New England southward and westward.
Flowers: clustered in dense raceme-like spikes. The large lip one and a half inches long; three-parted; fan-shaped, and extending into a long, slender spur; deeply fringed and more highly-coloured than the other parts. The upper sepals and petals toothed. Leaves: alternate; lanceolate; becoming bracts as they approach the flower; oval, pointed, and clasping at the base.
This most beautiful and showy of the purple-fringed orchids, while apparently simple, is devised in the same profound manner that the family have chosen to aid them in securing the services of insects for cross-fertilization. In most orchids the perianth is in two sets, of three divisions each; the outer set answers to sepals, and the inner set, to petals. The sepals are highly coloured and harmonize with the petals. By a peculiar twist of the ovary, what would naturally be the upper petal is brought down and forms the lower one, or lip. It is the startling feature of the flower; and is rich in blandishments for Master Bee. In some varieties it appeals to his artistic sense by a delicate fringe, or a superb colour, and again it supplies him with a substantial meal of nectar. The internal structure consists of one stamen, formed like a column, and supported by the style or broad, glutinous stigma. In the cypripediums there are two. stamens. Just above the stigma at either side are placed the two anther cells. Here the pollen grains are concentrated in little quantities, which are readily carried off by insects to other flowers.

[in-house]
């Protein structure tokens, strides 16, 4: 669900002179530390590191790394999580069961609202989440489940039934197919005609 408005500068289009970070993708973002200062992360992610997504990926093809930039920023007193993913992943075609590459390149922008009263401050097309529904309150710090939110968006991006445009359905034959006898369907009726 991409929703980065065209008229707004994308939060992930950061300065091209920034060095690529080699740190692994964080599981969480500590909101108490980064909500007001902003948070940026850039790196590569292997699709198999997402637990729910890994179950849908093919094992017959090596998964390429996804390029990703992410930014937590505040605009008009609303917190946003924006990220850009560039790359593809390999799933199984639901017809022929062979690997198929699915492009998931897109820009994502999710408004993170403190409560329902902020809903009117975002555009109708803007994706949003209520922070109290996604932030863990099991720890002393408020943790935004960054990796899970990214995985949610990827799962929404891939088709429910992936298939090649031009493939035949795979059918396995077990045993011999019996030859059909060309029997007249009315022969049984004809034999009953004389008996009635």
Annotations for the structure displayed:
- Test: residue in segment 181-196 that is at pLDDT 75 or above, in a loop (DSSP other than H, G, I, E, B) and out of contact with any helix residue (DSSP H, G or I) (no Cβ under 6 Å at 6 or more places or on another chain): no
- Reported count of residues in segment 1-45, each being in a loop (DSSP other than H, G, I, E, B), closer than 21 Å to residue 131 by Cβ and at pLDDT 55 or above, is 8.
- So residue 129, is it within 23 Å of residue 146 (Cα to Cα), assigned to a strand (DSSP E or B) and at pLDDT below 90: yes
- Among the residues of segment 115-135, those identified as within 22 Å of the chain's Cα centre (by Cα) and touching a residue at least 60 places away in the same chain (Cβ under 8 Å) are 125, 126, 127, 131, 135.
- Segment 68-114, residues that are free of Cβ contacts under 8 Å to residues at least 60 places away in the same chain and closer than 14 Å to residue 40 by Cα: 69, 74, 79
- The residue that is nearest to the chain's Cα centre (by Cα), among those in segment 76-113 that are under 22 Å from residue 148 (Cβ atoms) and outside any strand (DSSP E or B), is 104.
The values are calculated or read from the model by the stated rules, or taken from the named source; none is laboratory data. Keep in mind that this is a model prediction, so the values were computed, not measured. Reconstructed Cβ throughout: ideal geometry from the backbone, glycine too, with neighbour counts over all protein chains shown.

The divergent anther cells of H. grandiflora suggest the two eyes of a moth, or butterfly, whose appearance the flower has tried to imitate.
The small purple-fringed orchis is more faithful to the swamps than the larger one, which strays sometimes to the moist meadows. It comes into bloom a little later in the season, and is not so handsome a variety; but it has a delicate perfume.
Another more severe type of a purple orchis, which rarely comes further north than Pennsylvania and New Jersey. It is found in wet meadows, or seeking moisture by following the mountains. In size it is between that of the two preceding species. The lip is not fringed; but it is cut-toothed in a way that gives it a very stiff, prim expression. In July and August we may expect to find it in bloom.